Project description:Mycoplasma infections have been found in different species of waterfowl worldwide. However, the question of how the pathogens have been transmitted and dispersed is still poorly understood. Samples collected from clinically healthy greater white-fronted geese (Anser albifrons) (N = 12), graylag geese (Anser anser) (N = 6), taiga bean geese (Anser fabalis) (N = 10), and barnacle geese (Branta leucopsis) (N = 1) were tested for Mycoplasma spp. All Mycoplasma-positive samples were specified by species-specific PCR for Mycoplasma anserisalpingitidis (formerly known as Mycoplasma sp. 1220), M. anseris, M. anatis, and M. cloacale. The presence of Mycoplasma spp. was confirmed in 22 of 29 sampled birds (75.9%). Mycoplasma anserisalpingitidis was the most frequently detected species (15 of 22, 68.2%). However, we did not detect any of the other Mycoplasma spp. typical for geese, among which are M. anatis, M. anseris, and M. cloacale. Phylogenetic analysis revealed that Polish sequences of M. anserisalpingitidis formed a distinct branch, along with 2 Hungarian isolates obtained from domestic geese. Eight of the samples identified as Mycoplasma spp.-positive were negative for the aforementioned Mycoplasma species. A phylogenetic tree constructed based on partial 16S rRNA gene analysis showed that Mycoplasma spp. sequences collected from Polish wild geese represent a distinct phylogenetic group with Mycoplasma sp. strain 2445 isolated from a domestic goose from Austria. The results of our study showed that wild geese could be a reservoir and vector of different species of the Mycoplasma genus that can cause significant economic losses in the domestic goose industry.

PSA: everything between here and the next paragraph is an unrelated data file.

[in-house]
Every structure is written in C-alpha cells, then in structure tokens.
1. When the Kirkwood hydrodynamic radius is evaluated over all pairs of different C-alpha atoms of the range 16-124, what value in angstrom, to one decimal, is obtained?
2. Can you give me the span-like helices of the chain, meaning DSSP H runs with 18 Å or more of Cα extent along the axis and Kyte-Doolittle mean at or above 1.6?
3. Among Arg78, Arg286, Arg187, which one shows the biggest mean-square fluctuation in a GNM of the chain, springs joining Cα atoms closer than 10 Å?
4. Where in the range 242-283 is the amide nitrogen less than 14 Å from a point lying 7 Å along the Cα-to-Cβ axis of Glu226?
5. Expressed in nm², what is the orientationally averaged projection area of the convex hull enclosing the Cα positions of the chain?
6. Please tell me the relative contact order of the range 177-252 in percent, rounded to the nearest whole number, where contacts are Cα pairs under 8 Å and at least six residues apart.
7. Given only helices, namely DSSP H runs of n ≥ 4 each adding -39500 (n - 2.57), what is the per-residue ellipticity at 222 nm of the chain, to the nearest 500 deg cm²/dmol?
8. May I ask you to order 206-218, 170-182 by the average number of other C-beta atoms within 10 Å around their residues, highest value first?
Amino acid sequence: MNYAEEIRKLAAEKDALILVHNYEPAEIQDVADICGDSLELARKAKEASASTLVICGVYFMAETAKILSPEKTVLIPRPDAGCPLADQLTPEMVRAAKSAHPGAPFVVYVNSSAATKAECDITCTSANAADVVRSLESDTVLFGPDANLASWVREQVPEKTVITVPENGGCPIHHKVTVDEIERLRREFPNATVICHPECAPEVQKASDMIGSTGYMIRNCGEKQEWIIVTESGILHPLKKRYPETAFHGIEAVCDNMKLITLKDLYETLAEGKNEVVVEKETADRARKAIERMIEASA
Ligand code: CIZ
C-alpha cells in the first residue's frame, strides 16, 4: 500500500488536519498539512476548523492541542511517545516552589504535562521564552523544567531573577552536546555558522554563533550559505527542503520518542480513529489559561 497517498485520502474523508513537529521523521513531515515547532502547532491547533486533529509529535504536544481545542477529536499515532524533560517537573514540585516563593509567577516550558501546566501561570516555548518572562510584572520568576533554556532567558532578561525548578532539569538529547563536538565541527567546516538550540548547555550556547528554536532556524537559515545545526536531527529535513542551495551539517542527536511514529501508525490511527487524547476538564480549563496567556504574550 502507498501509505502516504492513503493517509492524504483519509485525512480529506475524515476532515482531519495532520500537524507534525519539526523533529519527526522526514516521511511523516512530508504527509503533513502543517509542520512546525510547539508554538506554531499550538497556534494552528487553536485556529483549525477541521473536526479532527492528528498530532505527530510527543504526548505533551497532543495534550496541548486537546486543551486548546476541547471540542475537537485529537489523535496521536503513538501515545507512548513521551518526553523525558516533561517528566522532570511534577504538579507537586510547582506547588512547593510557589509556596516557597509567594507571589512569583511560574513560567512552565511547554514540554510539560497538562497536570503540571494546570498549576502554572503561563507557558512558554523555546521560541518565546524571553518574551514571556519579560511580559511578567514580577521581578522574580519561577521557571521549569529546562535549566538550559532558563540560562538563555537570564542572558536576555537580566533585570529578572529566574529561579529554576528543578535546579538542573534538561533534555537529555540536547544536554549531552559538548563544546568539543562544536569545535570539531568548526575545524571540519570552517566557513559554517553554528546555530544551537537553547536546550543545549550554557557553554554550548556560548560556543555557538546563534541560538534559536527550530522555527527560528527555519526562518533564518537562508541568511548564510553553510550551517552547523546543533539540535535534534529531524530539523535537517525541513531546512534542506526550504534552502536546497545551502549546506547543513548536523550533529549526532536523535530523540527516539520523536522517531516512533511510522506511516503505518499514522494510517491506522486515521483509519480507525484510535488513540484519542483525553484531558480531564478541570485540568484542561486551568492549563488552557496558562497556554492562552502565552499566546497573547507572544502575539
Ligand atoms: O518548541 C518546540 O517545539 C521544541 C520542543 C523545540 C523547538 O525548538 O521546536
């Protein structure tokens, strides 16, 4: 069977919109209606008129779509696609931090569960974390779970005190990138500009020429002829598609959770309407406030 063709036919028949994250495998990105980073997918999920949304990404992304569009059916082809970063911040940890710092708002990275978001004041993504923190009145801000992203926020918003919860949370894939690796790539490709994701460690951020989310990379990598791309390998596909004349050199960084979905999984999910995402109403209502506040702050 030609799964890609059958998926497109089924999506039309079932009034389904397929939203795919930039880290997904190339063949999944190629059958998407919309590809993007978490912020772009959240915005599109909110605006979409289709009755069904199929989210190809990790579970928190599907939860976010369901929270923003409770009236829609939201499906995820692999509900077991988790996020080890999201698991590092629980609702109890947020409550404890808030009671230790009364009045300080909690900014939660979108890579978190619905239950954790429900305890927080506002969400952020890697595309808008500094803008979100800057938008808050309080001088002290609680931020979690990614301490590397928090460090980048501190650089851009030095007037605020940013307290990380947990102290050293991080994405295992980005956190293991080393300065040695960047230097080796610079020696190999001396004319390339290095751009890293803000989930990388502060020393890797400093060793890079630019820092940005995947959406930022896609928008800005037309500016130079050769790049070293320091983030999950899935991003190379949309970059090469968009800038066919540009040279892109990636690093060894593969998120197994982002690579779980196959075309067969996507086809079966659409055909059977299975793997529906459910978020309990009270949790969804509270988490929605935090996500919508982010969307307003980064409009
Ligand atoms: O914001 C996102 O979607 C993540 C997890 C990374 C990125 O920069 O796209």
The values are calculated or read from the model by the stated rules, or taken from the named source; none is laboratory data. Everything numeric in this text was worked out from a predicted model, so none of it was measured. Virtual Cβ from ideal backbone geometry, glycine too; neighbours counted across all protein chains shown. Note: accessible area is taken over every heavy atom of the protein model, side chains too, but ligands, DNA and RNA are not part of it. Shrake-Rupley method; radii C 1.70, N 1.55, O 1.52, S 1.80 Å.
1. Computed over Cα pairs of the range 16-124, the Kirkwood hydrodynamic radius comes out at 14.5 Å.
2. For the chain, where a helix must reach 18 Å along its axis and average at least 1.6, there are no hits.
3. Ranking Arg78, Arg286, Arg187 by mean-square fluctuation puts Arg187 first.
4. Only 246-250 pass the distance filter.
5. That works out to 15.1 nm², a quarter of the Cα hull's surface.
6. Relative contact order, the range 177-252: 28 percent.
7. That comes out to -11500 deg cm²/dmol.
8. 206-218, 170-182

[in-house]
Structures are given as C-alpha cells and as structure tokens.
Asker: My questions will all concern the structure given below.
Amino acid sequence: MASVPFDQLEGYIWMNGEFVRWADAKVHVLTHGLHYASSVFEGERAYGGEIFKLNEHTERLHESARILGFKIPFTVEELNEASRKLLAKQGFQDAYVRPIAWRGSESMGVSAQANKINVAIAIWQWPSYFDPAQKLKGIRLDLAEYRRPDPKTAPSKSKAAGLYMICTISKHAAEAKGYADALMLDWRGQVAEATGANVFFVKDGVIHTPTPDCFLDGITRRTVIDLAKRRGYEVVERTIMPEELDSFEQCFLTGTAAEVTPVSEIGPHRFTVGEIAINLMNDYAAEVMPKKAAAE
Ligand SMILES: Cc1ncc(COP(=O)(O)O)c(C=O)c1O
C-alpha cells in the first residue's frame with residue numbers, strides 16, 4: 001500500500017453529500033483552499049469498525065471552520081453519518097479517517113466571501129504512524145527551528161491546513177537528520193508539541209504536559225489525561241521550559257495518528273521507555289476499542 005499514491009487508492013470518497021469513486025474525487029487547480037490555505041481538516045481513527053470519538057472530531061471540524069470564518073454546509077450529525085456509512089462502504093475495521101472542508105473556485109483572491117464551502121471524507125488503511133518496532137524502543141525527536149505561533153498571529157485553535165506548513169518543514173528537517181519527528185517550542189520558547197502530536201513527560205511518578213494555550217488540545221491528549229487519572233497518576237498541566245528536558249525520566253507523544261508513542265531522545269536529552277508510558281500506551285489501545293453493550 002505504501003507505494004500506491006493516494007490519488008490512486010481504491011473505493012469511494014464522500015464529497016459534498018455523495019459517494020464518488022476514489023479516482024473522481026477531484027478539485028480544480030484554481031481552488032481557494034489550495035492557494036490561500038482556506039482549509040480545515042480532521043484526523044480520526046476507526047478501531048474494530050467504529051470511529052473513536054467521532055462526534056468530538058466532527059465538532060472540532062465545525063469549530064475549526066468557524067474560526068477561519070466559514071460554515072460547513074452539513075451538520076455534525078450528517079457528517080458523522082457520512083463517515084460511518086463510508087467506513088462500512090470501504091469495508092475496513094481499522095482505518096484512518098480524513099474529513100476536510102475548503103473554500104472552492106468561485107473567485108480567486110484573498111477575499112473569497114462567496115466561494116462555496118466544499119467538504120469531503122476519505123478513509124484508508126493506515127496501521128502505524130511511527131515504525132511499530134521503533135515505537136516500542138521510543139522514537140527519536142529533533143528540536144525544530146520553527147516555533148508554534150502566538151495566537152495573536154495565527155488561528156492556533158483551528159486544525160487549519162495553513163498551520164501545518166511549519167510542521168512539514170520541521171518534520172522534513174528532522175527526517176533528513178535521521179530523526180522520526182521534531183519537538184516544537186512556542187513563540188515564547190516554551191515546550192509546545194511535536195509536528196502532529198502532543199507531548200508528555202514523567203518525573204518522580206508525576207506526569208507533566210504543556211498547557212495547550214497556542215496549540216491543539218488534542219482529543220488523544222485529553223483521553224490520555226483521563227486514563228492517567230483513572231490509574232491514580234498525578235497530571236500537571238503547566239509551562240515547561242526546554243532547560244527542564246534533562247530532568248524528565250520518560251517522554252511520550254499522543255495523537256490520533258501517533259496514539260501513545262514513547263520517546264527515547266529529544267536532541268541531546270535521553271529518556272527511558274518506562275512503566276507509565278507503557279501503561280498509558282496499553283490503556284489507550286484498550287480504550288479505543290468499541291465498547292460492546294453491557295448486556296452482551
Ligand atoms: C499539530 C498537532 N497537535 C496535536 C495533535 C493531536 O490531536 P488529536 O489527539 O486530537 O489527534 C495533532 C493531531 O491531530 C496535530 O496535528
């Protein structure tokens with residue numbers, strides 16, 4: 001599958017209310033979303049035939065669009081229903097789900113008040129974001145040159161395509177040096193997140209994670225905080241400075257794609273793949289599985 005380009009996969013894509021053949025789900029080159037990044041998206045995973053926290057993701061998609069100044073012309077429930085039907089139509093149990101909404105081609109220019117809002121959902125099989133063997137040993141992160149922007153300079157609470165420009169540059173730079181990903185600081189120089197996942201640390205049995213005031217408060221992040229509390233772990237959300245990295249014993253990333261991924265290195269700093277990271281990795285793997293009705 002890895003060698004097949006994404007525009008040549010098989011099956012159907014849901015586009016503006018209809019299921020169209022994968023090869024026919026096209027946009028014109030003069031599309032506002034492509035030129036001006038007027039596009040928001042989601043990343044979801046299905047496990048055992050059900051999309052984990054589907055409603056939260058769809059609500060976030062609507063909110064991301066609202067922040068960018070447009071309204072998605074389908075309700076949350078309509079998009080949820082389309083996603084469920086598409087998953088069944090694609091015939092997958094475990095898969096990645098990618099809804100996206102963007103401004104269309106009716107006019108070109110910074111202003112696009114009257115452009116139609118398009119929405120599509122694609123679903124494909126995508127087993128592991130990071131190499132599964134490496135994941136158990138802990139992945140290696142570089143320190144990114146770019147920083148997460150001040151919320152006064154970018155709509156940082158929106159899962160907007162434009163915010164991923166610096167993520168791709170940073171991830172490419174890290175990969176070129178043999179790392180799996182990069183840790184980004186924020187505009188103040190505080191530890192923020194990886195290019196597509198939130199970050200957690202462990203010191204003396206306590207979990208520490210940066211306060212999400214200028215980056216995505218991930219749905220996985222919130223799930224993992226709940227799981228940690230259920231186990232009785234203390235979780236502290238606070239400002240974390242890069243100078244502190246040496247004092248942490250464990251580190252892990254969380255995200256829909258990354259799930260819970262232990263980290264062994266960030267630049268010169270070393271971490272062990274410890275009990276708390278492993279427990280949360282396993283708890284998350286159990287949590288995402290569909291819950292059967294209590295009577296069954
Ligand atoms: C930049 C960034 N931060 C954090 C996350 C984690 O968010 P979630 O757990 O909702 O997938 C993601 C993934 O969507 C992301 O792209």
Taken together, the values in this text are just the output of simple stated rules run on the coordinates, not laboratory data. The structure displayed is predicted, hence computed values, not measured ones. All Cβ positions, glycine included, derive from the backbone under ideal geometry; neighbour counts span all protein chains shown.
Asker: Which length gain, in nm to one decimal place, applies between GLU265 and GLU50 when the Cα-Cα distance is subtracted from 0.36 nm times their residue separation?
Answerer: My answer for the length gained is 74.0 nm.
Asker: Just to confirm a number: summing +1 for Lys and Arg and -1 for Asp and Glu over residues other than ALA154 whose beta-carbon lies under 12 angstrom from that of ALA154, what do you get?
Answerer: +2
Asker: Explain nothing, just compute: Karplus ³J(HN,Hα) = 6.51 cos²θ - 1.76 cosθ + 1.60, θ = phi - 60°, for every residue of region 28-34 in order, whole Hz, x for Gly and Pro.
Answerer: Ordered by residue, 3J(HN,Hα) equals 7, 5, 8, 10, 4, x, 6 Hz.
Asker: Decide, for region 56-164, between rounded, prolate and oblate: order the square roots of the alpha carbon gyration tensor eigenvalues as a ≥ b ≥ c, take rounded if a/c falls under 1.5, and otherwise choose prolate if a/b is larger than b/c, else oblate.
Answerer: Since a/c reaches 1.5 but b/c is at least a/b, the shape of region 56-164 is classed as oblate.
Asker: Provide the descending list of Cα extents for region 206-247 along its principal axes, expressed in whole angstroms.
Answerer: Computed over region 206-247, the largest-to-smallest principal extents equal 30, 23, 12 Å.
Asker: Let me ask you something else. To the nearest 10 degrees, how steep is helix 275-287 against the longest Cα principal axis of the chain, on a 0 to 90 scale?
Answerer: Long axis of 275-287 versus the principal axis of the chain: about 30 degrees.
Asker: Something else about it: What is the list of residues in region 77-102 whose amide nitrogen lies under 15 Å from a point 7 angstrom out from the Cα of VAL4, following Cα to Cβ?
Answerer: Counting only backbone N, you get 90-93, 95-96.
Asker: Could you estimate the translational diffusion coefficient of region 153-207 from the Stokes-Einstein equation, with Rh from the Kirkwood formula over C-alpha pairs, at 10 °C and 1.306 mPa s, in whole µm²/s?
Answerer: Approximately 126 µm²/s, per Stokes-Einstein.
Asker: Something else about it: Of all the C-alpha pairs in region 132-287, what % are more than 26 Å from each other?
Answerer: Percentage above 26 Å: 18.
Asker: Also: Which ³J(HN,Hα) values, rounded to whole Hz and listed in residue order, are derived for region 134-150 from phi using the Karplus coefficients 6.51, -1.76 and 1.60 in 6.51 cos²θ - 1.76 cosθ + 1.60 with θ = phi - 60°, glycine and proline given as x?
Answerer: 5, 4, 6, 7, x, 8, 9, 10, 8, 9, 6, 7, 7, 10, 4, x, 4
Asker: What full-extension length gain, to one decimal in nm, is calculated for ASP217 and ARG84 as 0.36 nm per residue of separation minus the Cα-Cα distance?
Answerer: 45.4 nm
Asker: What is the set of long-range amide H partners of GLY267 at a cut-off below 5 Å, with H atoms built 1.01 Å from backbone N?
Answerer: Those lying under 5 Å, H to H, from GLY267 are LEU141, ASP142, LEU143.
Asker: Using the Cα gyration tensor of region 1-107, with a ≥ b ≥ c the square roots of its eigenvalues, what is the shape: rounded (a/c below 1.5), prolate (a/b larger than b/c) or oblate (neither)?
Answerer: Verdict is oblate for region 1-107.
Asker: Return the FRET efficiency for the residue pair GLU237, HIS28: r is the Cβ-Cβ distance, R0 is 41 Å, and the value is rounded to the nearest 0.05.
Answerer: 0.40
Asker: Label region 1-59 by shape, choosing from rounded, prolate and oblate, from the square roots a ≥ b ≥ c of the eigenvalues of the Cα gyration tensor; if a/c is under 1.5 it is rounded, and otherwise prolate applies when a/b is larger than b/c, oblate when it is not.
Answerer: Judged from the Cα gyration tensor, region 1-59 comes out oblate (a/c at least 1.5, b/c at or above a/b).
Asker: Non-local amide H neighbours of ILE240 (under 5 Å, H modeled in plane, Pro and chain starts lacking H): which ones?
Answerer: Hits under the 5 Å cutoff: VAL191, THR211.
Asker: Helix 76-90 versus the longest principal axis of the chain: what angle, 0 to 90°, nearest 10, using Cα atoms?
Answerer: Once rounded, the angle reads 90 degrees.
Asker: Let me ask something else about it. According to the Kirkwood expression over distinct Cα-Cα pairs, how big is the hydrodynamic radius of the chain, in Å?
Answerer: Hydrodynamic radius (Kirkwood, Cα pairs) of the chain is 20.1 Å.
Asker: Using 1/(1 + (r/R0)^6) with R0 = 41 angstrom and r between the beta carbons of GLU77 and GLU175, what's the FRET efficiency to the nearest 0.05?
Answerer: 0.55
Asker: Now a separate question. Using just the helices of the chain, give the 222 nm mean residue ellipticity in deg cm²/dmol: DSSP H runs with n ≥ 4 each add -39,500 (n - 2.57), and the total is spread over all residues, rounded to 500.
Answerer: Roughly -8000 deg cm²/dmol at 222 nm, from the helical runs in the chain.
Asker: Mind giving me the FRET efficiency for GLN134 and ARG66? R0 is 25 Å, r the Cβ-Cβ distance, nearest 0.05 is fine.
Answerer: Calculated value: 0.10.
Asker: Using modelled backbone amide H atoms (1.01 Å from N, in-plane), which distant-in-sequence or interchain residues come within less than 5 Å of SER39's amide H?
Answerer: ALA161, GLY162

Project description:BACKGROUND: The goose is usually considered to be resistant even to strains of Newcastle disease virus (NDV) that are markedly virulent for chickens. However, ND outbreaks have been frequently reported in goose flocks in China since the late 1990s with the concurrent emergence of genotype VIId NDV in chickens. Although the NDVs isolated from both chickens and geese in the past 15?years have been predominantly VIId viruses, published data comparing goose- and chicken-originated ND viruses are scarce and controversial. RESULTS: In this paper, we compared genotype VIId NDVs originated from geese and chickens genetically and pathologically. Ten entire genomic sequences and 329 complete coding sequences of individual genes from genotype VIId NDVs of both goose- and chicken-origin were analyzed. We then randomly selected two goose-originated and two chicken-originated VIId NDVs and compared their pathobiology in both geese and chickens in vivo and in vitro with genotype IV virus Herts/33 as a reference. The results showed that all the VIId NDVs either from geese or from chickens shared high sequence homology and characteristic amino acid substitutions and clustered together in phylogenetic trees. In addition, geese and chickens infected by goose or chicken VIId viruses manifested very similar pathological features distinct from those of birds infected with Herts/33. CONCLUSIONS: There is no genetic or phenotypic difference between genotype VIId NDVs originated from geese and chickens. Therefore, no species-preference exists for either goose or chicken viruses and more attention should be paid to the trans-species transmission of VIId NDVs between geese and chickens for the control and eradication of ND.